William Baird
William Baird

William Baird

Coach/Athletic Director

Year Inducted: 2009

William M. Baird spent 28 years at Rhode Island College as an athletic director, head men’s basketball coach and a professor. During his illustrious career guiding the Anchormen basketball program, Baird won five NESCAC Southern Division Championships, four conference titles and captured the NCAA Div. III Regional crown in 1976-also advancing to the National Quarterfinals that year. He also led RIC to the NAIA semifinals twice.

Baird’s career record was a glittering 168-97 (.634). Moreover, he expanded the scope of the basketball program; whereas the Anchormen seldom played out of New England, Baird sent them against college and university division teams from such states as Alabama, North Carolina, Maryland, Florida, Louisiana, Virginia and Texas.

In his final season as head men’s basketball coach in 1975-76, Baird went out a winner as the Anchormen won a second straight New England State College Athletic Conference championship and the NCAA Division III Regional Championship. Baird was also responsible for the recruiting and development of the school’s first All-American, guard Rick Wilson ’72, who still holds numerous RIC records.

Baird was appointed head basketball coach at RIC in 1965 and, in February of 1967, also assumed the role of Director of Athletics.

RIC’s best season ever came in 1968-69 as the Anchormen were 24-2 and reached the finals of the NAIA District 32 playoffs for the first of what would be three consecutive times. He was voted “New England Small College Coach of the Year” by United Press International following that season and, in February of 1970, Words Unlimited, the organization of Rhode Island sportswriters and sportscasters, named him the “Rhode Island Coach of the Year” for his accomplishments in that season. That team was the second selection to the Rhode Island College Athletic Department’s Team Hall of Fame in 2009.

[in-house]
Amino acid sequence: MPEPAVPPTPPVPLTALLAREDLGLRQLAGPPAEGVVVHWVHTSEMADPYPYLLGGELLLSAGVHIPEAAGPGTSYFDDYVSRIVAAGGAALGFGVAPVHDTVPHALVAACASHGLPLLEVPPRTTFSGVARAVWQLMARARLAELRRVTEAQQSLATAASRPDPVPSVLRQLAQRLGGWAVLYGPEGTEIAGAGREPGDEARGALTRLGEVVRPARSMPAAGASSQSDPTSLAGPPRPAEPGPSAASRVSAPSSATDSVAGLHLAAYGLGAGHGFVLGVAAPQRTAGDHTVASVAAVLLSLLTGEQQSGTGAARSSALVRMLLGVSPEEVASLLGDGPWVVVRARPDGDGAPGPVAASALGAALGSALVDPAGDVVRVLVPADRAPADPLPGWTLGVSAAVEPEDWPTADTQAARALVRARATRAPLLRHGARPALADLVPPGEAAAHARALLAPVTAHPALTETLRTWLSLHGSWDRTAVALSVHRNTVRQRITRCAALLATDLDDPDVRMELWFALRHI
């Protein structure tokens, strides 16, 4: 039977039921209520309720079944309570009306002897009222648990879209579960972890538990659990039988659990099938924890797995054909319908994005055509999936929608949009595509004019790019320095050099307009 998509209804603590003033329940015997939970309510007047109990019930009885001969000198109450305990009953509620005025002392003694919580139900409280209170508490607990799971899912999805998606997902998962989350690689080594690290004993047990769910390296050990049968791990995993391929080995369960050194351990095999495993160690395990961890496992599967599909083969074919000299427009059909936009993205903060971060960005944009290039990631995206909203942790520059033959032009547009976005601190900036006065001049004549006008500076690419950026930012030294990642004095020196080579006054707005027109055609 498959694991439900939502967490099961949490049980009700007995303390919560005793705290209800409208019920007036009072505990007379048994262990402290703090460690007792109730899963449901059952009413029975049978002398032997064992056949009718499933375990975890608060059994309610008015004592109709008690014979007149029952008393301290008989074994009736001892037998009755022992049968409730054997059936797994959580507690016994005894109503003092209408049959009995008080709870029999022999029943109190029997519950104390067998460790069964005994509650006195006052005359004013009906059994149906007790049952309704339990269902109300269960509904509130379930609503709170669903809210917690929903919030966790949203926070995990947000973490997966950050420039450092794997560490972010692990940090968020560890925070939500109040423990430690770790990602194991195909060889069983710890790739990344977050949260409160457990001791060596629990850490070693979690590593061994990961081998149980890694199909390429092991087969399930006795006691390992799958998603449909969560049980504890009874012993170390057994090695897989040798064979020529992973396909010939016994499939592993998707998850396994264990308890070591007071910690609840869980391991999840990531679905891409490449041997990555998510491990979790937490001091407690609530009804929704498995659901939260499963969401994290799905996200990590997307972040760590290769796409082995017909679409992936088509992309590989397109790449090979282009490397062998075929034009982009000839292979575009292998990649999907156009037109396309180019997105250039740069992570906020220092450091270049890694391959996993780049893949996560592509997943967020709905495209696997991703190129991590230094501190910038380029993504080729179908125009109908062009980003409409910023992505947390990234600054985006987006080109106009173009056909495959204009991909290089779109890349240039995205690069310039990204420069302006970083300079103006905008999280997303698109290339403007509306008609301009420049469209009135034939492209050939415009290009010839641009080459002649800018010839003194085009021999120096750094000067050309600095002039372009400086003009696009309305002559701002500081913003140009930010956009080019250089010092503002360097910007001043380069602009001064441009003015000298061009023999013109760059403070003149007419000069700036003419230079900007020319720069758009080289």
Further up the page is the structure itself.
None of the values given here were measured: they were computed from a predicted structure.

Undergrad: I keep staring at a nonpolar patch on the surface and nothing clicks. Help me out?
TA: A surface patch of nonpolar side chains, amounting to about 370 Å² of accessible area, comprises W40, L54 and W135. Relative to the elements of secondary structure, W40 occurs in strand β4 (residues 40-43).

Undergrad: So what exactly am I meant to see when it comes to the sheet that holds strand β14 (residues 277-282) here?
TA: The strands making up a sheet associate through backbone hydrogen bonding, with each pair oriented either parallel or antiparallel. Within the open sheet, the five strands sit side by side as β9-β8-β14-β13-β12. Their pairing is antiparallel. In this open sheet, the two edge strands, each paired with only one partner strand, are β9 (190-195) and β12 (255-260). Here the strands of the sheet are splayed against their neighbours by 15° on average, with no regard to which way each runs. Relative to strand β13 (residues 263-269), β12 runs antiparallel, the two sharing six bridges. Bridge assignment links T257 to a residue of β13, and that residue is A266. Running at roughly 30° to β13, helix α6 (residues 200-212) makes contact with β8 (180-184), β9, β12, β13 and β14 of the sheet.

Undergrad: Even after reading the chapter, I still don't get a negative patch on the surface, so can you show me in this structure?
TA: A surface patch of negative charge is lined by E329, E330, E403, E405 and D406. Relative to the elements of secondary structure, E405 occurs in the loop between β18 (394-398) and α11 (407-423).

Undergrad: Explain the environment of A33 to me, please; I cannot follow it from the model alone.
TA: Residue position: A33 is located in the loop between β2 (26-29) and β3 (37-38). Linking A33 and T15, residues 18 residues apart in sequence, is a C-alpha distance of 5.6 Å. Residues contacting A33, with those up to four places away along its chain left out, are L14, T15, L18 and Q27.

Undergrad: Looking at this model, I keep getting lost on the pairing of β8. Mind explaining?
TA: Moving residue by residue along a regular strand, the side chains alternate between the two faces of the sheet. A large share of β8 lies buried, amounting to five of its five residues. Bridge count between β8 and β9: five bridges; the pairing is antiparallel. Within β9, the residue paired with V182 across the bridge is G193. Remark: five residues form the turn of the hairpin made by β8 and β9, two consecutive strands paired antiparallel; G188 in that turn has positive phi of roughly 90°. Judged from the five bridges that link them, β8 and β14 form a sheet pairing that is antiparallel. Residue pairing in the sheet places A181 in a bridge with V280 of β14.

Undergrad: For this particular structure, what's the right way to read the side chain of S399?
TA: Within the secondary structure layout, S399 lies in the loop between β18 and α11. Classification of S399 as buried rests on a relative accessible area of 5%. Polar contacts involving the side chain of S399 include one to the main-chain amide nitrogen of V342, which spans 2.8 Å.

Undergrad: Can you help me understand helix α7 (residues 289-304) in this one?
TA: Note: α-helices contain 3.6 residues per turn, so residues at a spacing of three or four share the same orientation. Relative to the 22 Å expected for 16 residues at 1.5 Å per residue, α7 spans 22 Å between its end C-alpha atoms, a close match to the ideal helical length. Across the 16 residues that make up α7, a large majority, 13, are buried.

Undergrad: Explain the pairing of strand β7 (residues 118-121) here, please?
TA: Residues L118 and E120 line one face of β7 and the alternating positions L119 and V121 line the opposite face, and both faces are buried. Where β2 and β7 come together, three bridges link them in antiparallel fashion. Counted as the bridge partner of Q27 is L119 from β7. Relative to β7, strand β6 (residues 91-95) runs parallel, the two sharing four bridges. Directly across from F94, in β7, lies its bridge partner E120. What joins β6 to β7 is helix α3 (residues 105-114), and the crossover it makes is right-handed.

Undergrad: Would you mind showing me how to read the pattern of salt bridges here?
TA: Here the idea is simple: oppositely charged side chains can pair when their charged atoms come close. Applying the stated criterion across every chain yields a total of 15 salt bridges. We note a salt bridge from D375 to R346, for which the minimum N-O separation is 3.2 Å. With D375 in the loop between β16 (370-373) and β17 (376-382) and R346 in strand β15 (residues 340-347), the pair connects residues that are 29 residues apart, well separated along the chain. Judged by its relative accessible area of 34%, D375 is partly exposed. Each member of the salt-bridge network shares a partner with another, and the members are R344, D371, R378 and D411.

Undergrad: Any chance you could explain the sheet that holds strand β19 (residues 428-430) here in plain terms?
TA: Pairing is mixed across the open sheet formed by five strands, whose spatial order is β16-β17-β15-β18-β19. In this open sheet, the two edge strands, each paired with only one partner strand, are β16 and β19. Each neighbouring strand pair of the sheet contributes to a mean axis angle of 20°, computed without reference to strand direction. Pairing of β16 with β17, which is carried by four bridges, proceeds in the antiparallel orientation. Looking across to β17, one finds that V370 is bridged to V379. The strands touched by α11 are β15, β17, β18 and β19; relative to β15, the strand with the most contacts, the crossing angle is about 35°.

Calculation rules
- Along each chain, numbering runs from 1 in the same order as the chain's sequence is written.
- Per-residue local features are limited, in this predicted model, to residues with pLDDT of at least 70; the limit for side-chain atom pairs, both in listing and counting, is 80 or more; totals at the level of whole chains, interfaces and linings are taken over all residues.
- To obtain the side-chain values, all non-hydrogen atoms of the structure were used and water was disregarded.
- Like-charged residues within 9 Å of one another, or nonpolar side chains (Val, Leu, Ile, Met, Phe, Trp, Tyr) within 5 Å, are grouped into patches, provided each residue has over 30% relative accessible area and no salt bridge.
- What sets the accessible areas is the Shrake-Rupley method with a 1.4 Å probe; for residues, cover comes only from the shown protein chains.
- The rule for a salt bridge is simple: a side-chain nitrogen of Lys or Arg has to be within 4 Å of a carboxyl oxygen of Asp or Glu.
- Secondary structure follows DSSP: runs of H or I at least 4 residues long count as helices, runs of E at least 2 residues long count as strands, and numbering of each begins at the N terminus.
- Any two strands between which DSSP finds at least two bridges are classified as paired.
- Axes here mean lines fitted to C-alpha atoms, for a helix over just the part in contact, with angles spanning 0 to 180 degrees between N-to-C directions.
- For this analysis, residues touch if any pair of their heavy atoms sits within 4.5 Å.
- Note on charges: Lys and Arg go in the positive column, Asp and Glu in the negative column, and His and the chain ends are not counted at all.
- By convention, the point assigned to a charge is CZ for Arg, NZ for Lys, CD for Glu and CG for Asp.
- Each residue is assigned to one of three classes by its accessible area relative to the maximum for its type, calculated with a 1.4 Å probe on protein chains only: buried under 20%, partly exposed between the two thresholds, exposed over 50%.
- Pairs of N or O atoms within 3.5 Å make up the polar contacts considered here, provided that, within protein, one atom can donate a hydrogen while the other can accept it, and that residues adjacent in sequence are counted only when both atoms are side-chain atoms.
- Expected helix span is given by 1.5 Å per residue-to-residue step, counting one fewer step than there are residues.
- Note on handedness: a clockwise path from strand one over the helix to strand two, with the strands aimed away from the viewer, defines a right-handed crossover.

Baird was responsible for some major decisions affecting the basketball team and the athletic program as a whole. In early 1975, for example, RIC severed its connection with the NAIA and went strictly NCAA Div. III. Now, all RIC teams have a realistic goal to shoot for during each season–postseason competition against schools on the same level.

After stepping down as head men’s basketball coach, Baird brought in the first full-time athletic trainer the school has ever had plus the first Associate Director of Athletics who was in charge of the women’s program.

He stepped down as Director of Athletics in June of 1993. During his tenure at the college, Baird took an 18-month leave of absence from his role in athletics to serve as the college’s first Development Officer and Legislative Liaison.

A native of Union City, N.J., Baird enrolled at the University of Rhode Island and when he graduated in 1953, he had tossed in 1,534 points and stood third on the Rams’ all-time scoring list. Twice he was named First Team All-Yankee Conference and, for three years, he finished among the conference’s top five scorers. He captained the Rams in his senior year and, in 1974, was inducted into the URI Athletic Hall of Fame.

Baird entered the U.S. Army as an officer in 1953 and it was at Fort Dix, N.J. that he was given his first coaching opportunity. His team won the First Army title and represented the area in the national playoffs at Fort Benning, Georgia.

After being discharged from the service, he worked for a year at the Pratt-Whitney Aircraft Corporation and also played basketball for the company, which participated in a strong industrial league throughout Connecticut and Massachusetts.

He returned to Kingston as an assistant varsity coach under then head mentor Jack Guy in 1956 and, when Guy resigned the following year and Ernie Calvery succeeded him, Baird assumed the additional duties of scouting and recruiting. During this stretch, he earned a pair of master’s degrees, in 1960 from URI in educational administration and in 1963 from Southern Connecticut in physical education. Soccer was initiated at URI in 1960 and he was named to coach the first team.

The Cranston, Rhode Island native is a member of six Athletic Hall of Fames: University of Rhode Island, Hudson County (NJ), Union Hill High School, New England Basketball Coaches, National Association of Collegiate Directors of Athletic and the RIC Athletic Hall of Fame.